Baruch dayan ha'emet. My father died on Saturday morning after a long illness. This week's blog carnival was almost entirely already put together by then, and is automatically scheduled to post on Sunday morning. I hope that works. Please forgive any errors or typos. I will not be proofreading this as I normally would.

Founded by Soccer Dad, Haveil Havalim is a carnival of Jewish blogs -- a weekly collection of Jewish and Israeli blog highlights, tidbits and points of interest collected from blogs all around the world. It's hosted by different bloggers each week and coordinated by Jack.

Opinions expressed in the posts linked below are those of the respective bloggers and not necessarily endorsed by me.

Batya turns a discovery during pre-Passover cleaning into a win-win situation in That Was Fast, Flour Gone posted at me-ander.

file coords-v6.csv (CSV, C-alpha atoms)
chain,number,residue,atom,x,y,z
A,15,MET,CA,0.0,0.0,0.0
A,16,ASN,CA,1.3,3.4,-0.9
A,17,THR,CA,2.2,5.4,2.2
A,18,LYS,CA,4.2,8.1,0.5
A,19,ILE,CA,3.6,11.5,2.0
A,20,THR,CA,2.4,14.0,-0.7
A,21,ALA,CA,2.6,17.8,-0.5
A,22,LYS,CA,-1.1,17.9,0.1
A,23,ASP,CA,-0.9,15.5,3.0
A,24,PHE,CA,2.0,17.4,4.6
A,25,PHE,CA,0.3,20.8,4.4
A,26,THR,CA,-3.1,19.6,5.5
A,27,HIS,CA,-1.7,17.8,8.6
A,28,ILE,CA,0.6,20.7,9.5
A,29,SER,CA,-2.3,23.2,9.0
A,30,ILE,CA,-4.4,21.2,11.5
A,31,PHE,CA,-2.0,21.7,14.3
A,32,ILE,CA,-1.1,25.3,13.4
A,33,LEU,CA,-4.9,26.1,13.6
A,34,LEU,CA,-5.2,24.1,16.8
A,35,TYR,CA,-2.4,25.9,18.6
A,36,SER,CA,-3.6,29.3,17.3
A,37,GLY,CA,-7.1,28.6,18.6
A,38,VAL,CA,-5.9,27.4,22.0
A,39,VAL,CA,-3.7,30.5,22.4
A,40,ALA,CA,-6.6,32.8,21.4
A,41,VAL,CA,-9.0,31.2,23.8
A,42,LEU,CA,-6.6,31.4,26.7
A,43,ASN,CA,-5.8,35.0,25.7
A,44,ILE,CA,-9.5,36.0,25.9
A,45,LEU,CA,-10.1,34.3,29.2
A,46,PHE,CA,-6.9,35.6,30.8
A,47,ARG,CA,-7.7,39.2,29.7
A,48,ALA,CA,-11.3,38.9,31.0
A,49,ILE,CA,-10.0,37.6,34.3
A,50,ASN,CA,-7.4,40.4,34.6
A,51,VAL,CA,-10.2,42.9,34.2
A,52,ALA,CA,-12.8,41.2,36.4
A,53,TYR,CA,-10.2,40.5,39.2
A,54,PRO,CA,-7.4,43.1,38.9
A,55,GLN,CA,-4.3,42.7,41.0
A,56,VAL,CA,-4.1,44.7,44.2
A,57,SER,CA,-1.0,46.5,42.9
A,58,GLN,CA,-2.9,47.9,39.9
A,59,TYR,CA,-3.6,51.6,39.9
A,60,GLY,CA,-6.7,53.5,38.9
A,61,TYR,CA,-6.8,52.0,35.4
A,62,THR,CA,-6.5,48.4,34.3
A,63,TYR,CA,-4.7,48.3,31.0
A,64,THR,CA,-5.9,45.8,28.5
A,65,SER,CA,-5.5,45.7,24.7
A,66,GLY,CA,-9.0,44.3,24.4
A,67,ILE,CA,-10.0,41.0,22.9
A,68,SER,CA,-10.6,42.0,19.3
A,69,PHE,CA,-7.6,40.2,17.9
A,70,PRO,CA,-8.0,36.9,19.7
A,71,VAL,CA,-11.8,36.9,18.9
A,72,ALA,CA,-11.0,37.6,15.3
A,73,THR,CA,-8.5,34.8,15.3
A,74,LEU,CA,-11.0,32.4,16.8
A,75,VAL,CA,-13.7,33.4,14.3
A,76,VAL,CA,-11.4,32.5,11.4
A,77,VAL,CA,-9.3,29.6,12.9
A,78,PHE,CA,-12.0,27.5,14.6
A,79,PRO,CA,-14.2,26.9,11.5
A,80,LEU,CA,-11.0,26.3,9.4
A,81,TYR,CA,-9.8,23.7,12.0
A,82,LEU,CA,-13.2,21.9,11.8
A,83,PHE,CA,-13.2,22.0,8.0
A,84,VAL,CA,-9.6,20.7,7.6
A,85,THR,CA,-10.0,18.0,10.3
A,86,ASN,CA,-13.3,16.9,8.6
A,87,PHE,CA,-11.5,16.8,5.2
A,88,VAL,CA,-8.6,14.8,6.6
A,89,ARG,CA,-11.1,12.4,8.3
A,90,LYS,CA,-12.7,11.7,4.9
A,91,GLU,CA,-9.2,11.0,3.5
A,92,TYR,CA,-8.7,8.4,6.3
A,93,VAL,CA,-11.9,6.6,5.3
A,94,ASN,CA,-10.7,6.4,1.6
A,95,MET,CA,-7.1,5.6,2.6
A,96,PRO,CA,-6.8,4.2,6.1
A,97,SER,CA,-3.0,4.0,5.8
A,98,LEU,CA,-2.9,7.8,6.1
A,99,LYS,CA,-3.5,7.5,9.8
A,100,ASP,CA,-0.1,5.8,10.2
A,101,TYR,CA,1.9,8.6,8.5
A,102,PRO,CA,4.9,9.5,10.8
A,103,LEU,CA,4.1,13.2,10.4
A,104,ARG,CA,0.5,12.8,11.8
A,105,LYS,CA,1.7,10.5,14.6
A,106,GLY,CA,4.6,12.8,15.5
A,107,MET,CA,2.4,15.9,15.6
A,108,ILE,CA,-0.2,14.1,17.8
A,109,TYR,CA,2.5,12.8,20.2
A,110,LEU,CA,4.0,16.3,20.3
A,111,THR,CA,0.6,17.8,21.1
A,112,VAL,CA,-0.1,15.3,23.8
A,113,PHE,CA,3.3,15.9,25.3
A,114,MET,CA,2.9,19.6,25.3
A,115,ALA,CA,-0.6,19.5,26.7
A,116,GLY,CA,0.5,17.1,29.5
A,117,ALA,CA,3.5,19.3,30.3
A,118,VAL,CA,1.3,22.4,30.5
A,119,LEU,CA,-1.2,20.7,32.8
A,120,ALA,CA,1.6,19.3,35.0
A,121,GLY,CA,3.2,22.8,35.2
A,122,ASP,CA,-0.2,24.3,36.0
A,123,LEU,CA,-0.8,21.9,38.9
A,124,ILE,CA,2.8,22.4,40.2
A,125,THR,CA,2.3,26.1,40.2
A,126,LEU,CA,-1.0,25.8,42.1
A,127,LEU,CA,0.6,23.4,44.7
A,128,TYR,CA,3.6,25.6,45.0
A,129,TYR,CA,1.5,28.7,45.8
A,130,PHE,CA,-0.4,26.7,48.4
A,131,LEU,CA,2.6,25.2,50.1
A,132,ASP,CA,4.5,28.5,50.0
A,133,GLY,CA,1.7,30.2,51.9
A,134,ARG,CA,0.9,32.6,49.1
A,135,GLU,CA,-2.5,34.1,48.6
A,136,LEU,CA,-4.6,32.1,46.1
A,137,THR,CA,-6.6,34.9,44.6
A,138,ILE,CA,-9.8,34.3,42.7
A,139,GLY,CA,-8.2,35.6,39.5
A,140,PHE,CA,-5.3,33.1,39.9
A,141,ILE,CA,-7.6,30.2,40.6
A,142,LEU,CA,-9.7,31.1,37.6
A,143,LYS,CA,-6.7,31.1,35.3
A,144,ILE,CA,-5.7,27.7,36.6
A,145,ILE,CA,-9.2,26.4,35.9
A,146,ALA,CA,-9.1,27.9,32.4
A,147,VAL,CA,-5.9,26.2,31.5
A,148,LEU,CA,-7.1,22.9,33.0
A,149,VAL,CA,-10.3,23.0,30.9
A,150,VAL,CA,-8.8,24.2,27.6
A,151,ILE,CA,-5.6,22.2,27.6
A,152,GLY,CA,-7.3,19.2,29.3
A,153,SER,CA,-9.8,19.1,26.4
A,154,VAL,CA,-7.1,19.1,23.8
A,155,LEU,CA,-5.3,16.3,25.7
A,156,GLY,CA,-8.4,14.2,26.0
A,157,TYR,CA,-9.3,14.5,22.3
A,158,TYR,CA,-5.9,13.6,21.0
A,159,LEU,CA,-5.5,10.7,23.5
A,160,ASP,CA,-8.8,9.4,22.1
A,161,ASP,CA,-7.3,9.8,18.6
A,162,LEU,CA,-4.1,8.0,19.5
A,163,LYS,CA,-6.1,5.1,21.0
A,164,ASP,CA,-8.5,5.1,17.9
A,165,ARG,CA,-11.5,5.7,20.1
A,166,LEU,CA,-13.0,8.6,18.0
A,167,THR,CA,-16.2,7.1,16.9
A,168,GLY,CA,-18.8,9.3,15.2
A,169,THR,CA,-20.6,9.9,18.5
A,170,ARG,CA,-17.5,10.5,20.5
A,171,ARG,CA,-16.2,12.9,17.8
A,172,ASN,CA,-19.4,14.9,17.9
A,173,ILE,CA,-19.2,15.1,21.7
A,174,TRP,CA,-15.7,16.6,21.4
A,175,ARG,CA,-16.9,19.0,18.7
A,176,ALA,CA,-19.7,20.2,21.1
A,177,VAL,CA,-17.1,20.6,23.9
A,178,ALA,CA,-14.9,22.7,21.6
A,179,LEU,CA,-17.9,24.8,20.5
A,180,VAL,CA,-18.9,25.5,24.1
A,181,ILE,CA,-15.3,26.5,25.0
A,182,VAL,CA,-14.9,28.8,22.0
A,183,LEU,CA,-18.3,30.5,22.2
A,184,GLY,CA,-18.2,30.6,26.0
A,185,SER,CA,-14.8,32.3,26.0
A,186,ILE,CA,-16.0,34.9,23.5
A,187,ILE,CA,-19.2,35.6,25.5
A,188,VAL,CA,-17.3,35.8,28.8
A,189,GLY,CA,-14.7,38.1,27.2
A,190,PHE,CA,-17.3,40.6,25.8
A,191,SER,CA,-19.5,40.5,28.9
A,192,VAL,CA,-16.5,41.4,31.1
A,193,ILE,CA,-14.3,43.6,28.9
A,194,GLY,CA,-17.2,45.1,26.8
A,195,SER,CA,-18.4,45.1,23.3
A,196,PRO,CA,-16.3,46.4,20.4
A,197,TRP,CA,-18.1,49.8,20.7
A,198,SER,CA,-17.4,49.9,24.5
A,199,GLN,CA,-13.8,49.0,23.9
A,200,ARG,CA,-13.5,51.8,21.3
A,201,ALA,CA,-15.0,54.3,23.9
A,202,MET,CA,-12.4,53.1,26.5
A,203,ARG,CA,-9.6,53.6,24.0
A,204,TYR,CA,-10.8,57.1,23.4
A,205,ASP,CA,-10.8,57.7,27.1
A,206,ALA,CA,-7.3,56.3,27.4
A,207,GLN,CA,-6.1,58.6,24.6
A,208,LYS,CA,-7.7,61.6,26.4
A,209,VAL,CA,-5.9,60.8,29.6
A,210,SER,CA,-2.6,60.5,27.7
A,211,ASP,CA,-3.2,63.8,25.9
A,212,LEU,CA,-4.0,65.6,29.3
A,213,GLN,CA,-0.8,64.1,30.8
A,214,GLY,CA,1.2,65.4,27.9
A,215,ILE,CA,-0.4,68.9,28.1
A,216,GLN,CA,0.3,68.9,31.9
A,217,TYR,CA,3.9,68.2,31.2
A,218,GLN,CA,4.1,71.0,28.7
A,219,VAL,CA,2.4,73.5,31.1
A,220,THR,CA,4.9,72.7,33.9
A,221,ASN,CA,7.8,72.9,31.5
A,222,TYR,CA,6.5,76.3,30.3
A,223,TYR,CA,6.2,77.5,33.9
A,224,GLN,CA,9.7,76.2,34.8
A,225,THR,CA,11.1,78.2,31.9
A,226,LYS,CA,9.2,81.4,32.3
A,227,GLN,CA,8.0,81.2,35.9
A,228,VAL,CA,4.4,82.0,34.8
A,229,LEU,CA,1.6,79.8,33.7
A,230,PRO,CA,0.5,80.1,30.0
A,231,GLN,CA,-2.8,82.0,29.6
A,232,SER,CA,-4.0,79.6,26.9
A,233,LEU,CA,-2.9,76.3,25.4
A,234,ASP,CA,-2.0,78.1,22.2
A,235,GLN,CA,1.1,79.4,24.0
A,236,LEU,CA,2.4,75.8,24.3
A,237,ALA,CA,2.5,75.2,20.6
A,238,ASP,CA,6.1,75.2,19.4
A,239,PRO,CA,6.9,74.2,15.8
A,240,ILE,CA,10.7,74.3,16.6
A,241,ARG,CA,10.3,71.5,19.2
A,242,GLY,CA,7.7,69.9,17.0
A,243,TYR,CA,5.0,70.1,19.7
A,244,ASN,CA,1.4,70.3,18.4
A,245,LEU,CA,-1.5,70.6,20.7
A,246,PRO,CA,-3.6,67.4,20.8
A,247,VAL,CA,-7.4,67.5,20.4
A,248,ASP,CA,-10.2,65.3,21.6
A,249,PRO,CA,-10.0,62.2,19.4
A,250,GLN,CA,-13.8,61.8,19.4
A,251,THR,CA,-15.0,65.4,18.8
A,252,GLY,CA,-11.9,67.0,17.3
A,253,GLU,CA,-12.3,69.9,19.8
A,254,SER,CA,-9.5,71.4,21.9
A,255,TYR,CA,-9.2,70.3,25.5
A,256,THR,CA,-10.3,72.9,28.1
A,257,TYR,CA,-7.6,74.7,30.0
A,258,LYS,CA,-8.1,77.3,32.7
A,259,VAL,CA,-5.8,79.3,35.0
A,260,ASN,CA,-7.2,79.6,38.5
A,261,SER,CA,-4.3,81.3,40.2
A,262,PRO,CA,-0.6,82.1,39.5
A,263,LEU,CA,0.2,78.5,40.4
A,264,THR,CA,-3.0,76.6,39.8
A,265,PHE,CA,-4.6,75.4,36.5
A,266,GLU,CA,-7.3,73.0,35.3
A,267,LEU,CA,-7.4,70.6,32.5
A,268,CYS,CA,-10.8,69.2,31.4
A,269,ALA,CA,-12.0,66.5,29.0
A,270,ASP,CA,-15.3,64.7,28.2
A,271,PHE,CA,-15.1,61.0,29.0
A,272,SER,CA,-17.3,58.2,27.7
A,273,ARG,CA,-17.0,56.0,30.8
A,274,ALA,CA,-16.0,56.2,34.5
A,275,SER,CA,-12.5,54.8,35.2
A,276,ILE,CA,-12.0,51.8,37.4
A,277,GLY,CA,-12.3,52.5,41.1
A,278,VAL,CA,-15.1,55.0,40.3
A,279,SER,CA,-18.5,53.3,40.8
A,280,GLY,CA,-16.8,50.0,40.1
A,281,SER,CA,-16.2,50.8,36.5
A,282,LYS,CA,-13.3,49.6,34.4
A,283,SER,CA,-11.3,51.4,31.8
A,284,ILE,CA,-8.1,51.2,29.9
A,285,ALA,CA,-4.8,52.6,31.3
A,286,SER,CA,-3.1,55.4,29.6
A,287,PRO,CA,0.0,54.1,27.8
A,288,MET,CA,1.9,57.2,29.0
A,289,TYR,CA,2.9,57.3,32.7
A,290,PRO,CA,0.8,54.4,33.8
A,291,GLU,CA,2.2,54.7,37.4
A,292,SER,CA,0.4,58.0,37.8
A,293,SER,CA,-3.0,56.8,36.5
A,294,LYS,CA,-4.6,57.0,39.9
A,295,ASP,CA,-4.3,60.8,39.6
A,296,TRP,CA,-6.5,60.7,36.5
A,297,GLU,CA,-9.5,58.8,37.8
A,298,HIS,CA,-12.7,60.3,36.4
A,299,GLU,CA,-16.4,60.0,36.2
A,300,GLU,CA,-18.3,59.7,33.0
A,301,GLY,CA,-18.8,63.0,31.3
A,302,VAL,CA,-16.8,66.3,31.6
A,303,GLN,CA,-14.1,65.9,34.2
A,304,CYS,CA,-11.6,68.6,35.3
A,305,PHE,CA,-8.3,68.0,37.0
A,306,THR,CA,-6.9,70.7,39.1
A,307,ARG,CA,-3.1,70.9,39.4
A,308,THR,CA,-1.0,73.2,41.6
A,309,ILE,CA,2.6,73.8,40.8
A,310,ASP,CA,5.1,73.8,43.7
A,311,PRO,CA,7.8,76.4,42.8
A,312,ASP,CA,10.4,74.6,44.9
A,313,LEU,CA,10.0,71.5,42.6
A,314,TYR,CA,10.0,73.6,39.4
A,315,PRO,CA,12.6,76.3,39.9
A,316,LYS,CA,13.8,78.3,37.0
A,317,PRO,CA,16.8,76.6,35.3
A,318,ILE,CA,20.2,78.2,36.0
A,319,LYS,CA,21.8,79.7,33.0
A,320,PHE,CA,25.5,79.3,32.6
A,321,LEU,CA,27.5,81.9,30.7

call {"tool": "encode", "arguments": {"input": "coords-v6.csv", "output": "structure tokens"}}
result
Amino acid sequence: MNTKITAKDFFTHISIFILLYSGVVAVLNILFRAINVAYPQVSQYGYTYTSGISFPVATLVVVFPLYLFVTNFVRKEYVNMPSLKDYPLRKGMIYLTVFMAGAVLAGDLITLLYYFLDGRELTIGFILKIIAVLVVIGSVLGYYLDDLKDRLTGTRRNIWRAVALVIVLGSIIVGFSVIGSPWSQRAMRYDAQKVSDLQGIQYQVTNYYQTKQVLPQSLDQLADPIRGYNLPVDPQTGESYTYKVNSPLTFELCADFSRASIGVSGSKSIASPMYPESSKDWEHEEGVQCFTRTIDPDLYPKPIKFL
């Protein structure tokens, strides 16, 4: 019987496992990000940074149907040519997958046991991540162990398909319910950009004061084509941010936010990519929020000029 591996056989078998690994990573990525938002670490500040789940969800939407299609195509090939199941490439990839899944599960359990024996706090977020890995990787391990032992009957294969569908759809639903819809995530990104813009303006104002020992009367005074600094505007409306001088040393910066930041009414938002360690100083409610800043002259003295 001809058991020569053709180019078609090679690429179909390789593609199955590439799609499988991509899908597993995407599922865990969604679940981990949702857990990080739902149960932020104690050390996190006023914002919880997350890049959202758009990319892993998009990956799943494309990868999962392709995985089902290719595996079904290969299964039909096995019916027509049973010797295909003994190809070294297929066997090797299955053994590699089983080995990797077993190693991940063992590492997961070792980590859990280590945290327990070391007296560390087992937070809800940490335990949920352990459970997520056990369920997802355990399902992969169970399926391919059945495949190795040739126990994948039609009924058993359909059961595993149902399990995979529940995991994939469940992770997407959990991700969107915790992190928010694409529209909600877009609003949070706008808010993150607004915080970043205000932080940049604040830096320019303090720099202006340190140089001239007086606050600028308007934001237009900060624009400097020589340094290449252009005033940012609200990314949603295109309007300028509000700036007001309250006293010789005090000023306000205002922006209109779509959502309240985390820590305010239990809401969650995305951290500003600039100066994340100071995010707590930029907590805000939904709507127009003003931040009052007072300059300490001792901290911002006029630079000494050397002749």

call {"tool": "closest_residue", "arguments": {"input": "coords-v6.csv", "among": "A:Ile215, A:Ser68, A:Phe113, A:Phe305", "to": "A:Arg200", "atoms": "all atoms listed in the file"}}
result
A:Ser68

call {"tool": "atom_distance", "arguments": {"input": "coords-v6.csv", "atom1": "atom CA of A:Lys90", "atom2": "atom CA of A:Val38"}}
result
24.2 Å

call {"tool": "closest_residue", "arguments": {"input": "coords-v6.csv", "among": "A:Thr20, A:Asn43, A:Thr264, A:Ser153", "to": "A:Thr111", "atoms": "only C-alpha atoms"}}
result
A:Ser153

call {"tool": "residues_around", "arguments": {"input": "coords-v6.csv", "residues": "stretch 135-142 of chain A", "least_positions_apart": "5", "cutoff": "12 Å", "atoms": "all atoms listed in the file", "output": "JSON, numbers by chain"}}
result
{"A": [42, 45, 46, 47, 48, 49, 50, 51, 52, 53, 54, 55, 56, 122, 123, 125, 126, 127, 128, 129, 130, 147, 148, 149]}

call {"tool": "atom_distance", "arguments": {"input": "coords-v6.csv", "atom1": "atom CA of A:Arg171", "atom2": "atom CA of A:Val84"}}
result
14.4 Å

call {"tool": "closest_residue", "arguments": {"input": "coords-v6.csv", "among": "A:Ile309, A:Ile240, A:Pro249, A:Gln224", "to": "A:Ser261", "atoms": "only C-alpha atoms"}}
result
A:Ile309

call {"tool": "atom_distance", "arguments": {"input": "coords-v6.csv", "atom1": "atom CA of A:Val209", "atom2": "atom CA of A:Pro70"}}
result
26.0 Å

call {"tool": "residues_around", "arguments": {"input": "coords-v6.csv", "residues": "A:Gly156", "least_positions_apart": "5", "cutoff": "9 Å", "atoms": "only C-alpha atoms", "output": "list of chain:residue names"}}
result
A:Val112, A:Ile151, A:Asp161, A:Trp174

Rickismom cleaned twice in Starting Off One’s Day…. posted at Beneath the Wings.

Still wondering what to cook during the week of Passover? Mirj has some useful recipes in Don?t Pass Over These Recipes posted at Miriyummy.

With all the cleaning and cooking, don't forget about counting the Omer. Batya tells us about her experiences with trying to remember to count every night in Sefira Memories... Free Email and/or Cellphone Sefira Reminders? Nu? posted at me-ander.

Paul Kipnes shares some thoughts about the lamb bone on our seder plate in Got a Bone to Pick on Passover: Try this New Shankbone (Zeroah) Ritual posted at Or Am I?.

Batya shows us some Passover activities in Israel in Celebrating Passover at Tel Shiloh, Festival for the Entire Family posted at Shiloh Musings.

Please, don't go into debt buying stuff for Passover. But if you do, Harry presents Taking a loan for the holiday posted at ISRAELITY.

Homeshuling tells us about a Passover-related book in Yuvi’s Candy Tree – an interview with author Lesley Simpson posted at Homeshuling.

Daniela presents Osem's Mini Yellow Crouton Soup-Rings Kosher for Pesach posted at Isreview.

Eating rolls during Passover seems like cheating to me, but Daniela has a couple kosher-for-Passover roll finds in Green Lite's & Pillsbury's Rolls Kosher for Pesach posted at Isreview.

I don't think morality and halacha should be mutually exlusive, as I explain in Morality and Halacha posted at To Kiss a Mezuzah.